LOVE YOUR COMMENTS! And totally agree. I mean, I might have chosen another day-glo yellow for my living or bedroom if it had’t been for your expertise. I got WHAT I wanted because (hello!) I called an expert who save me time and $$$ by choosing the colors for me. I didn’t give up my ability to choose or be “me”–I just trusted a true, fine, fun professional! Hats off to ANIE!!!!! I love my house colors thanks to you and bossycolor!

  4. Sanity Fair says

    I missed that edition of the magazine, so thanks for the rundown! 100% agree with you on color – I feel like that’s the number one question I hear people asking (among friends, online, in the community, etc. – I’m not a designer). Most folks seem to be letting the stores choose for them, which explains the “safe” PotteryBarn/Room Store combo of merlot, brown, mustard or gray, and… brown. Brown, brown, brown. It’s EVERYWHERE.

  5. Nichole@40daysof says

    I totally agree with you. And you shouldn’t feel at all bad about disagreeing with Nate. He is a cutie and clearly very talented. But sometimes he’s a little off. Like that one time when he used bloggers to promote his show and invited them to be in the audience. And then didn’t really acknowledge their presence or even seem to know what a blog was. Off. Way, way off.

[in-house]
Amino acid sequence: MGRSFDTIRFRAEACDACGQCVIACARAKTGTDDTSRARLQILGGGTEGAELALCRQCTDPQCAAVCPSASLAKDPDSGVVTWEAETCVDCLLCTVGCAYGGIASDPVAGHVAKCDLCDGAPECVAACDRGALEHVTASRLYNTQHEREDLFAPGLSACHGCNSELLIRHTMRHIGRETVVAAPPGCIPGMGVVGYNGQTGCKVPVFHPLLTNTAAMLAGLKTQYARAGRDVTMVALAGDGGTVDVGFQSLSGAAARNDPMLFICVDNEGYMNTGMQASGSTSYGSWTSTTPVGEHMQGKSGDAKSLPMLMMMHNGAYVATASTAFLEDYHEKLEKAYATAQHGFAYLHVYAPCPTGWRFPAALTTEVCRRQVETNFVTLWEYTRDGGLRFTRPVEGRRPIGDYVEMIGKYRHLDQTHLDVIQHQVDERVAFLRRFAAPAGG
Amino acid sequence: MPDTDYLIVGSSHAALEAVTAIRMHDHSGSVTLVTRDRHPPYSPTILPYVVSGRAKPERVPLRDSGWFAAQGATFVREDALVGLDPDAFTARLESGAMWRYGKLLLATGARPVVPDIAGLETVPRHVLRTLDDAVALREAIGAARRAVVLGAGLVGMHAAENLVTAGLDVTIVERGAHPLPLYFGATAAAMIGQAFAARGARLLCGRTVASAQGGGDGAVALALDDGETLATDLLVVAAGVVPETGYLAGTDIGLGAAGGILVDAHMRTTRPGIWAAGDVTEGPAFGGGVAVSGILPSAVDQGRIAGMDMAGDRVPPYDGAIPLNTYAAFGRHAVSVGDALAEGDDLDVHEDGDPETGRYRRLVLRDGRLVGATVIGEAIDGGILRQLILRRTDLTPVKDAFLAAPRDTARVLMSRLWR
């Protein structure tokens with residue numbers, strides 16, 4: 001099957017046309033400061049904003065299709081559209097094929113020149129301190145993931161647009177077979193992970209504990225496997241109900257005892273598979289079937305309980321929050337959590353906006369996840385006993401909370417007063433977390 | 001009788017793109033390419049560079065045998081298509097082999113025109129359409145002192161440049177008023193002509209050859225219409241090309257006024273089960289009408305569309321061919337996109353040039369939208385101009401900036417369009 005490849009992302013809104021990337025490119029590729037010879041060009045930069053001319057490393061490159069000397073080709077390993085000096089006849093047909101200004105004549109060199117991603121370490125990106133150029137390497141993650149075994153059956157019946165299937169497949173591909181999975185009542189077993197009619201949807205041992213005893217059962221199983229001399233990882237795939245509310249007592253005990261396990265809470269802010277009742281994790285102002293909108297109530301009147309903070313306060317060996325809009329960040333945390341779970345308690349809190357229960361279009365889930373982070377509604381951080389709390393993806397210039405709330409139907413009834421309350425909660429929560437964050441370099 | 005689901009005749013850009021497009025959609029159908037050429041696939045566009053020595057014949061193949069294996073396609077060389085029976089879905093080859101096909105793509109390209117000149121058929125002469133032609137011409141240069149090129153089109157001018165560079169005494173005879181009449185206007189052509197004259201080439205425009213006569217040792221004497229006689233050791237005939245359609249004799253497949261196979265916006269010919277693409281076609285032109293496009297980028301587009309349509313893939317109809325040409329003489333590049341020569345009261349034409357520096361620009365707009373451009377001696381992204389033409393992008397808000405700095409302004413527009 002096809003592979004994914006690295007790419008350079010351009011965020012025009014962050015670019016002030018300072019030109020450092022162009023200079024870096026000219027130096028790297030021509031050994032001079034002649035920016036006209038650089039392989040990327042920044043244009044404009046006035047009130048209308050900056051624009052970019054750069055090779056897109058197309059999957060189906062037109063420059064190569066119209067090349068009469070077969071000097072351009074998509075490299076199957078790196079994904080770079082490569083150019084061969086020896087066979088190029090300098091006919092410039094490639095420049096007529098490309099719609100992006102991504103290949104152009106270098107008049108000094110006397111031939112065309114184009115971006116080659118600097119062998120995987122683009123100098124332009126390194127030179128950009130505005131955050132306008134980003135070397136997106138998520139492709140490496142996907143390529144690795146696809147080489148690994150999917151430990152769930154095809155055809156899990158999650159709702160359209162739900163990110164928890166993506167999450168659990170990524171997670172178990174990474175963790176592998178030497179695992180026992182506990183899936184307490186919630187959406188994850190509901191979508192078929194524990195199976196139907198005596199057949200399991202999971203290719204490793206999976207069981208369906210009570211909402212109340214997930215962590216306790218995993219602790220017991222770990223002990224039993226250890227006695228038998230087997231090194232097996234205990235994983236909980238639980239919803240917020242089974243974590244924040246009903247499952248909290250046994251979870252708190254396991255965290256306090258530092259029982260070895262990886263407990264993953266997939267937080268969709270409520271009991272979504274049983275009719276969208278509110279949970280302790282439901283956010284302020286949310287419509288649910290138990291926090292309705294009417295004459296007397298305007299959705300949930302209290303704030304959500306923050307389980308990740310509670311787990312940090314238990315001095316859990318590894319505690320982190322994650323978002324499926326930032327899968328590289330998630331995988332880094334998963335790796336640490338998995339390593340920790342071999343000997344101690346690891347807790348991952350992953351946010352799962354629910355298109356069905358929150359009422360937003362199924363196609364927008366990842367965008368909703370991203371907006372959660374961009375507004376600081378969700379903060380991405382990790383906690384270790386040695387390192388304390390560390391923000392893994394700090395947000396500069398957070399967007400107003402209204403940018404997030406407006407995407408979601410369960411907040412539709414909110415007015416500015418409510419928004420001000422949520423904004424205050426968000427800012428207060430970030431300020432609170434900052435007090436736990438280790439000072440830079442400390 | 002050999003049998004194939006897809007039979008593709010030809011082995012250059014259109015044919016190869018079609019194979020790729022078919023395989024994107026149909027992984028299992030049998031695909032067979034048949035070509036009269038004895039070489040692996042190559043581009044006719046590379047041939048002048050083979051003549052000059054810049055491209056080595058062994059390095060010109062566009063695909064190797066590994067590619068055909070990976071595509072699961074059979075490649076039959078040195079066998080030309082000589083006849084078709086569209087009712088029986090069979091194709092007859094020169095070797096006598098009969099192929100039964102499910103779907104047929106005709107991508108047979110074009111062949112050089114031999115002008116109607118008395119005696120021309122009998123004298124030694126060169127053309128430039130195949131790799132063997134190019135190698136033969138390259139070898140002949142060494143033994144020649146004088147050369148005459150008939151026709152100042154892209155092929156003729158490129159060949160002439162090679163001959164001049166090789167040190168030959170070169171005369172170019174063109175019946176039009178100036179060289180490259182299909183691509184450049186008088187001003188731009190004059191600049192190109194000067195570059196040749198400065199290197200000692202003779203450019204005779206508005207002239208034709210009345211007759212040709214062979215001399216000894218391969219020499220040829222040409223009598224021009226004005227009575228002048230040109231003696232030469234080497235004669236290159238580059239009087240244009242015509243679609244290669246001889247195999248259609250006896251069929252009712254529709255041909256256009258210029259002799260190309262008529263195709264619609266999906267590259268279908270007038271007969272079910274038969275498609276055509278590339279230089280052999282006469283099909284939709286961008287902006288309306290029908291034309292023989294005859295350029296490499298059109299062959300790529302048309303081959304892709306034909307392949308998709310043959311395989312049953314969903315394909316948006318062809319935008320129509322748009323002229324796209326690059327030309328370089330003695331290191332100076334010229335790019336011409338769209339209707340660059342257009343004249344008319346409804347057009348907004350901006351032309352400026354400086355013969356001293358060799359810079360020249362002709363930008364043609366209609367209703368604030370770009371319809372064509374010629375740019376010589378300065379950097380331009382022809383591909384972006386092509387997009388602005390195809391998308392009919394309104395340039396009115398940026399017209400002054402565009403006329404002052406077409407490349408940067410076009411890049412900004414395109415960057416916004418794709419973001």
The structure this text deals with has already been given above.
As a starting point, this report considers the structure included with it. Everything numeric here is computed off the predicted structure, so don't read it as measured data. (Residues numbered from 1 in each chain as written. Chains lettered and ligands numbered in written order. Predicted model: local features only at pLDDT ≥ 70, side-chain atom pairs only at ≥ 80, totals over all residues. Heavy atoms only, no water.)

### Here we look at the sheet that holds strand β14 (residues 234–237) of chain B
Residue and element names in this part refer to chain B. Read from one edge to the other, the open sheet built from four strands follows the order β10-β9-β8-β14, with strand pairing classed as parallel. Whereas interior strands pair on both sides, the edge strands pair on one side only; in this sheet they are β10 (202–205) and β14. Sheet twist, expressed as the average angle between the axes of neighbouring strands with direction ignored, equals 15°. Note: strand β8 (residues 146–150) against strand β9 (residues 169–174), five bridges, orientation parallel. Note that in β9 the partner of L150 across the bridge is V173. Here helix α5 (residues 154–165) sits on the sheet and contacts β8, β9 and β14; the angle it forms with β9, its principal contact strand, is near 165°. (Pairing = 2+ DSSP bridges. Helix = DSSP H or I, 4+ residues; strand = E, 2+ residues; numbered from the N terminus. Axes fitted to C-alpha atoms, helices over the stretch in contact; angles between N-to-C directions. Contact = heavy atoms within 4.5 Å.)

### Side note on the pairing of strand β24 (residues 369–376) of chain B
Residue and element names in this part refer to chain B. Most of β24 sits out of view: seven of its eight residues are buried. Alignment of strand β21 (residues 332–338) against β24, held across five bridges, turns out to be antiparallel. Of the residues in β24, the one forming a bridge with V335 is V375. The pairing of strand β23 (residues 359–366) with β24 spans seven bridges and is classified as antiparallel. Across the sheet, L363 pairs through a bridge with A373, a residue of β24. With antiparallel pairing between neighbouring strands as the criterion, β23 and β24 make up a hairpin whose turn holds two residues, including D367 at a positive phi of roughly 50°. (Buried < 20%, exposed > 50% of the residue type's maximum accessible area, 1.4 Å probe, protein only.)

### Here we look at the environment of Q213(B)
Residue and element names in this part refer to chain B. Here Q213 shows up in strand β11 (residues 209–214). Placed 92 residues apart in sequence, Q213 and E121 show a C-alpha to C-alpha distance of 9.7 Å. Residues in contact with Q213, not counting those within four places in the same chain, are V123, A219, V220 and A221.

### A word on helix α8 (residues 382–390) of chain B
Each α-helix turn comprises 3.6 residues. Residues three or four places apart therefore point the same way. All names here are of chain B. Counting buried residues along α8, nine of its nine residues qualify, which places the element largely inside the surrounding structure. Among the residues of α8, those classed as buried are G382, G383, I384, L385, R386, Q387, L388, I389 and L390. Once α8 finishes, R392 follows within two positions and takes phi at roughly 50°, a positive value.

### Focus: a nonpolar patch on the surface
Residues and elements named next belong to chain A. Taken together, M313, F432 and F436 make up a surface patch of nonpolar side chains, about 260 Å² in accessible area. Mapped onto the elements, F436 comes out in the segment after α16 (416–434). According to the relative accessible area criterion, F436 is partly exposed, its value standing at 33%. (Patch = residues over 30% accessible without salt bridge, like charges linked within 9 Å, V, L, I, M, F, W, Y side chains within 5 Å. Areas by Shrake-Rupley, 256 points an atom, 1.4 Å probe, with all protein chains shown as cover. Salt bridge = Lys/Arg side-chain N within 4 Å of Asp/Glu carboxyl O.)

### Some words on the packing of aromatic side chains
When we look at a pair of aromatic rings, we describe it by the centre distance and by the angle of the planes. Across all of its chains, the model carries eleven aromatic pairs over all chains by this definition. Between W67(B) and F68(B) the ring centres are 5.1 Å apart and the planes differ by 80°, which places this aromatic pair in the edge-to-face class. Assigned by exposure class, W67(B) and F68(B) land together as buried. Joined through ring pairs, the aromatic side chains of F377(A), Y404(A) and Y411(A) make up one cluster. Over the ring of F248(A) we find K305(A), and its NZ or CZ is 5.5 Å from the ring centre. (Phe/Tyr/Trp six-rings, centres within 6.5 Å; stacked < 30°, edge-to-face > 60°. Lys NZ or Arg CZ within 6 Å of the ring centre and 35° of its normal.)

:)

  6. Lois says

    TOTALLY agree with you on the point of color selection. Speaking of which…Have you/would you use BMoore Marscapone as a trim paint in a room with your fav Shaker Beige? Am having a really hard time selecting a white to go with Shaker Beige and would LOVE your input. The Marscapone seems a little too “bright white” when I sample it. I would like a soft off white with yellow/cream undertones, rather than grey…and I don’t want a white with strong grey undertones.

  7. Liz says

    I appreciate your thoughts on the subject of whether to use a paint color consultant. I contacted one in my area who has published a book (Amy Wax) and she never responded to my request for information as to her rates. I think with some of the designers/design stores in my area the attitude is if you need to ask, you can’t afford us.